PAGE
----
Beanpole - Dylda is the original Russian title - should in theory work as a cinematic enterprise and its intense performances will certainly move those who have the ability to connect directly with it. Indeed, the movie won Best Director in the Un Certain Regard category earlier this year at the Cannes Film Festival.

The director has cited The Unwomanly Face of War by the Nobel Prize-winning author Svetlana Alexievich as his main inspiration for the film's narrative. Alexievich's acclaimed work of journalism was based on true testimonies of Russian women who survived the Second World War.

There is no point obviously in trying to like Beanpole, it doesn't have a sticker attached that says 'like me,' you will either get its uncompromising delving into deep hurt or you won't. The pace is slow and there are soundless, listless passages. None of this shouldn't necessarily matter, yet the film doesn't rise or even mildly transcend its bleakness, staying safe instead within the chamber of horrors it knows best. So be prepared for hard rations.

The setting is post-Second World War Leningrad in 1945 and an overcrowded war veterans' hospital where the seriously wounded and paralysed are cared for under trying, despairing circumstances. Masha (Vasilisa Perelygina) is a stubborn, casually promiscuous free spirit, who has been an anti-aircraft gunner. She lost her husband in the war although there have been a few husbands, as we later learn.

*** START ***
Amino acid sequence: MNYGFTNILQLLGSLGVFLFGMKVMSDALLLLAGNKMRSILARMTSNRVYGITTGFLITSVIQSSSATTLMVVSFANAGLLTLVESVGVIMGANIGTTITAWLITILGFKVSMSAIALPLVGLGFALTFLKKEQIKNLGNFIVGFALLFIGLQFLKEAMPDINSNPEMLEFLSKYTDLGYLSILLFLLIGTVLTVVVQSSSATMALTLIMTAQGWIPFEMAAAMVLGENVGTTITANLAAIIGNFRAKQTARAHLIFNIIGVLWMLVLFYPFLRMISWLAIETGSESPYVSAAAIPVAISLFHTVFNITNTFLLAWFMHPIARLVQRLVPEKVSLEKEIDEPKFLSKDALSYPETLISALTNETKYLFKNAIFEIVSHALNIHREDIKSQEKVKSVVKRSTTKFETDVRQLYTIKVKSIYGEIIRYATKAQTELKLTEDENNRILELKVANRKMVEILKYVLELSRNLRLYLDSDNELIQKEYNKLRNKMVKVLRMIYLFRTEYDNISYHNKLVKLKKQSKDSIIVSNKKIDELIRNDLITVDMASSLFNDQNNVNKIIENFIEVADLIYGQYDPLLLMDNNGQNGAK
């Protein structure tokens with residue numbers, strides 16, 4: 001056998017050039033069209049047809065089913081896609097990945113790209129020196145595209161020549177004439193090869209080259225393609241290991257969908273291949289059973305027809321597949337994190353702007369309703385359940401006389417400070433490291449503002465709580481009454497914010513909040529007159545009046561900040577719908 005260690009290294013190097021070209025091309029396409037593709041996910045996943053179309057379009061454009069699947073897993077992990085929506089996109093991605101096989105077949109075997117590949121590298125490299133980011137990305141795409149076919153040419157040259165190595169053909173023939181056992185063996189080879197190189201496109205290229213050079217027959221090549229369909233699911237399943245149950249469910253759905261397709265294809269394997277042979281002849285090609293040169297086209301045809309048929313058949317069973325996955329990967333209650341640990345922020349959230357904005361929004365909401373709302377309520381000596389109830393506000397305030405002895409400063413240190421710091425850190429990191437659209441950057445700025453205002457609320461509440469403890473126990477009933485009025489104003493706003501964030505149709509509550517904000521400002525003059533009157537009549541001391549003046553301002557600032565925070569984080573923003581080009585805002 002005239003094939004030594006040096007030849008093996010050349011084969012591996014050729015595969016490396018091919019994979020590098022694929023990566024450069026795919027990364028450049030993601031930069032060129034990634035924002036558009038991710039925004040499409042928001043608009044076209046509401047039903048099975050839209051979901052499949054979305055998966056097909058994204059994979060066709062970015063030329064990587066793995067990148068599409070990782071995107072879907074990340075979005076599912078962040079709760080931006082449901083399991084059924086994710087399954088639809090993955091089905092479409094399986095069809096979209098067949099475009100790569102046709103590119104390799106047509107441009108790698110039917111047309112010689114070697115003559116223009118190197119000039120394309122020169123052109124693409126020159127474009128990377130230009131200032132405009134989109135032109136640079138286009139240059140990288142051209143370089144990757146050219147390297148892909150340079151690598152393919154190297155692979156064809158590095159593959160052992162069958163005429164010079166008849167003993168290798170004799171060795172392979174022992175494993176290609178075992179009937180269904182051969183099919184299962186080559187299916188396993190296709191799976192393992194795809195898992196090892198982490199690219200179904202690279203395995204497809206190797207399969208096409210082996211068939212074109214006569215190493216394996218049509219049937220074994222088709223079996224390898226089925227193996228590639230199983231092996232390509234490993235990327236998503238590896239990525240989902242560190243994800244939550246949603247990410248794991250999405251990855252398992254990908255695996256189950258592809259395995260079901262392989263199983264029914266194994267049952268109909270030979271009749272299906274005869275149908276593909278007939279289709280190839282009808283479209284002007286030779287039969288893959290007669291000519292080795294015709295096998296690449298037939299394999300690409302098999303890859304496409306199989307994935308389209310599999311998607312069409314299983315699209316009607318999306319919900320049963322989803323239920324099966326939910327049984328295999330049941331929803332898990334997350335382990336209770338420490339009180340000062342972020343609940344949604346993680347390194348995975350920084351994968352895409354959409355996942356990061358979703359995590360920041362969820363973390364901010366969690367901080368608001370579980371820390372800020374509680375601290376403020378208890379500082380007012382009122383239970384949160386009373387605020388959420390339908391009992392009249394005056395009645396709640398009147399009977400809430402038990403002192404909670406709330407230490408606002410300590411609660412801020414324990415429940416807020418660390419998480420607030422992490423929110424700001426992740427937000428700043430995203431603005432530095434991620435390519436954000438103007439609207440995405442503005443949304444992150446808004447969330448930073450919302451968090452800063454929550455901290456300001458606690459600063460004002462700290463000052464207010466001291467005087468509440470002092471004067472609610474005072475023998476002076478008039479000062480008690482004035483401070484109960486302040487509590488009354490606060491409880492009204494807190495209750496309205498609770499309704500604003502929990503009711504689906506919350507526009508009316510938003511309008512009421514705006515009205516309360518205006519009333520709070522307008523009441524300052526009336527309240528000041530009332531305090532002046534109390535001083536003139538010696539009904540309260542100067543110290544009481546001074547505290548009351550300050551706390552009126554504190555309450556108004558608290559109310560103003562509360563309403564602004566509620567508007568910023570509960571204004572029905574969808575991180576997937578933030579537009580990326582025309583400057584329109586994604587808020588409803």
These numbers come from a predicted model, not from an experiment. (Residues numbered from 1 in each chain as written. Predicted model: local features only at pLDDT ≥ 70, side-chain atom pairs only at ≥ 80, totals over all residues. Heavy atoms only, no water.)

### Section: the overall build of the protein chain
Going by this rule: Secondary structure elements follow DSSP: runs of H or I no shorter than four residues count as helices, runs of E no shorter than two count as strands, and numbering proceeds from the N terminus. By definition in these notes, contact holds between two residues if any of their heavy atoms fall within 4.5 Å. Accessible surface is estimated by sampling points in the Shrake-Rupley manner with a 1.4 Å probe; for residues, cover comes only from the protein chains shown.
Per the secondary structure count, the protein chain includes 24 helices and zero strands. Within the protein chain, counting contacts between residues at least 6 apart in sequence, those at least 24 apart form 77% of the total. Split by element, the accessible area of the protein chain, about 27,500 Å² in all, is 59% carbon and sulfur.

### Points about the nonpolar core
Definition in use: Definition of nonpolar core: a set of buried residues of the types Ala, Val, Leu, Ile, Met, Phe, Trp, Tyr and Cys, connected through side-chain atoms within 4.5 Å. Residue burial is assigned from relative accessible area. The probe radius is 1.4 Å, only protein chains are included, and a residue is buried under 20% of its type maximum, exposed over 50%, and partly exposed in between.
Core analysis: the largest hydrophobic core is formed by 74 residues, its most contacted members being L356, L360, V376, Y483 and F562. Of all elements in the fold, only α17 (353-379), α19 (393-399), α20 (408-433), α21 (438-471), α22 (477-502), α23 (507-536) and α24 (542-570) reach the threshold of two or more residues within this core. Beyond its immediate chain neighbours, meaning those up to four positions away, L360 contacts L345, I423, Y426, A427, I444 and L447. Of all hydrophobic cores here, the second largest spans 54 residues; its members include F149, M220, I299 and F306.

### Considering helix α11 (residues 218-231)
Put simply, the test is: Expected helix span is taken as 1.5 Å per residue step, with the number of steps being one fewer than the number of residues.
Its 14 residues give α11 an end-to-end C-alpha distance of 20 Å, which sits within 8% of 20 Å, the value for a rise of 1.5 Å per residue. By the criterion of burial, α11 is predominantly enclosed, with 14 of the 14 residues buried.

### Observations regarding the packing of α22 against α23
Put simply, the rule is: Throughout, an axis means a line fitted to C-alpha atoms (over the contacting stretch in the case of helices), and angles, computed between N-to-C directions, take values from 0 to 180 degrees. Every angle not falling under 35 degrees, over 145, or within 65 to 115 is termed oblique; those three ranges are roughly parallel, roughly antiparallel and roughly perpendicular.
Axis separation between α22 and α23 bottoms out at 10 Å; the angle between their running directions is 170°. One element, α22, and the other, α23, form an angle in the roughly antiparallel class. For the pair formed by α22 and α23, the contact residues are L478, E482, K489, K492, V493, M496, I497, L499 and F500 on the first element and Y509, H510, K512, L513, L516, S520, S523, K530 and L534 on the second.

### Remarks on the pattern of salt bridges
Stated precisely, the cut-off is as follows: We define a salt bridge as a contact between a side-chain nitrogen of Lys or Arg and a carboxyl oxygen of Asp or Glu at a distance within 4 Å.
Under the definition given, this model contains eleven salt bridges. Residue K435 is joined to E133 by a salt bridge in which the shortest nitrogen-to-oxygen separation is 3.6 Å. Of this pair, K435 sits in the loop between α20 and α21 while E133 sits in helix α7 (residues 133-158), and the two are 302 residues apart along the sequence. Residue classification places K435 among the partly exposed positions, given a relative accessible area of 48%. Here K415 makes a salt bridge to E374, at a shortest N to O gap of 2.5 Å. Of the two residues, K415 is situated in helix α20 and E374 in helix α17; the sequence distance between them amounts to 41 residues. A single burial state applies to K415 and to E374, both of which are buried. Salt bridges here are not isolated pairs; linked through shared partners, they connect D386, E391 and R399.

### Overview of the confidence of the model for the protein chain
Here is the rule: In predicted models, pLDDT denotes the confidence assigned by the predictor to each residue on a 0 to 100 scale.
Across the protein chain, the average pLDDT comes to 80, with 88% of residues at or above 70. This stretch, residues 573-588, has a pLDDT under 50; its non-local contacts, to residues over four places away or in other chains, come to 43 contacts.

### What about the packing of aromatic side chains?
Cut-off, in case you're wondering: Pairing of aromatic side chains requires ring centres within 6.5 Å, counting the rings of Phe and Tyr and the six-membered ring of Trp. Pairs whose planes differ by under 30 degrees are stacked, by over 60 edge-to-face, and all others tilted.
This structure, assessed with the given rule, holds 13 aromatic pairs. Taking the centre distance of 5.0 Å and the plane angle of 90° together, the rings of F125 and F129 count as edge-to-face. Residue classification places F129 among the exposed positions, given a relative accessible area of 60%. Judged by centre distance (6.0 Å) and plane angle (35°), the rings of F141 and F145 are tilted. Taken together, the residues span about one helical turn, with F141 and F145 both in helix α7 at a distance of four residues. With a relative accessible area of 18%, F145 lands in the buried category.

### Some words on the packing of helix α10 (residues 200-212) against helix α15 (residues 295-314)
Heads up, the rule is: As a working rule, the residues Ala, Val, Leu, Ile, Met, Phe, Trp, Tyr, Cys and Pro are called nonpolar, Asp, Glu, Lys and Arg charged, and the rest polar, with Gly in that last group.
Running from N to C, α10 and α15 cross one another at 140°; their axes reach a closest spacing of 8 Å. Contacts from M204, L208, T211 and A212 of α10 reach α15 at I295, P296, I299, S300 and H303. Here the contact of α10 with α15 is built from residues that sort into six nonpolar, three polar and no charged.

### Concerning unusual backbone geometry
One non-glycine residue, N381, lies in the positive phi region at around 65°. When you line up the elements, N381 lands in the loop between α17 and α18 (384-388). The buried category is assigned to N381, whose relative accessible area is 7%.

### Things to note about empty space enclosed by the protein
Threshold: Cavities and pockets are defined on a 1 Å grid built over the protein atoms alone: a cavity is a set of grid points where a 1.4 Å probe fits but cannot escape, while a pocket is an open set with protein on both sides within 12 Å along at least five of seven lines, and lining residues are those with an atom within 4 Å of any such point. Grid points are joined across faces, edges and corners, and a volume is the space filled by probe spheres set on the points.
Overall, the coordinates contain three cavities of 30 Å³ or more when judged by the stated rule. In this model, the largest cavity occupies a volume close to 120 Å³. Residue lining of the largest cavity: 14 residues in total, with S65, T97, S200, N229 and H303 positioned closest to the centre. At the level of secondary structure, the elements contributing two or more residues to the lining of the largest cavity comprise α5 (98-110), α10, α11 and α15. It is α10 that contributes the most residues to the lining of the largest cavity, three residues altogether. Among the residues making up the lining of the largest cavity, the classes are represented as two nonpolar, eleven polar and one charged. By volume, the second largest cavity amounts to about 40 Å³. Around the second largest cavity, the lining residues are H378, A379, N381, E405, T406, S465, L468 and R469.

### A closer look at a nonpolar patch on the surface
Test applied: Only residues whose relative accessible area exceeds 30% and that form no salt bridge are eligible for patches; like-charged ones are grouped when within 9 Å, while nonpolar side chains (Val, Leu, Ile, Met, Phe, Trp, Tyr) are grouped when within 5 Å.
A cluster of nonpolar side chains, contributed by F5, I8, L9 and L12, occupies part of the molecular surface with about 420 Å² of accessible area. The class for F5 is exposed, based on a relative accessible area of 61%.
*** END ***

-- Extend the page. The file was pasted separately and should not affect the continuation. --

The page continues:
A serious shrapnel injury means that Masha is unable to bear any more children. While she has been away on the battlefield, her friend Iya (Viktoria Miroshnichenko) who was invalided out of the army with post-concussion syndrome, has acted as mother to her three-year old boy Pashka. Iya has been working as a nurse at the hospital while looking after the toddler as though he were her own.

Viktoria Miroshnichenko as the war-wounded Iya in Beanpole

Iya is glazed-eyed,  stunned by trauma, her features immobile in catatonic, staring fits. Her post-concussion syndrome is a kind of paralytic narcolepsy, she regularly falls into a speechless trance, characterised by a sudden facial tremor. In character Miroshnichenko, who is exceptionally tall and willowy, looks somewhat like Tilda Swinton in one of her endlessly formidable roles. Anyway, to reveal any more is to spoil but certainly there is drama between the two women, served up real slow. 

It might be usefully observed that the great Swedish auteur Ingmar Bergman perfected some of the same bleakness in films like Persona - which also concerns the close bond between two young women -  and in films such as Winter Light, Face to Face and Cries and Whispers. Once, in a far distant 1970s time, young Dublin cinephiles took those films very seriously indeed. There is surely a certain time in one's late teens when one may be ripe for Bergman-style angst which in essence is what is essayed in Beanpole. So, go for it, if it's sounds like what you fancy.

However, one could argue that Bergman should be remembered for the broader sweeping, elegiac family dramas such as the early film Wild Strawberries or his mid-career masterpiece Fanny and Alexander.

Iya in the hospital laundry in Beanpole

Conversely, one can only declare one's hope that Beanpole's young director, 28-year old Kantemir Balagov, will learn to lighten the almost guaranteed despair in his future work, which, yes, could be truly astounding. He could do so with a chink of light, even winter light, but so long as he stays in war hospitals and the like we will understand if bleakness reigns. That's fair enough.

Paddy Kehoe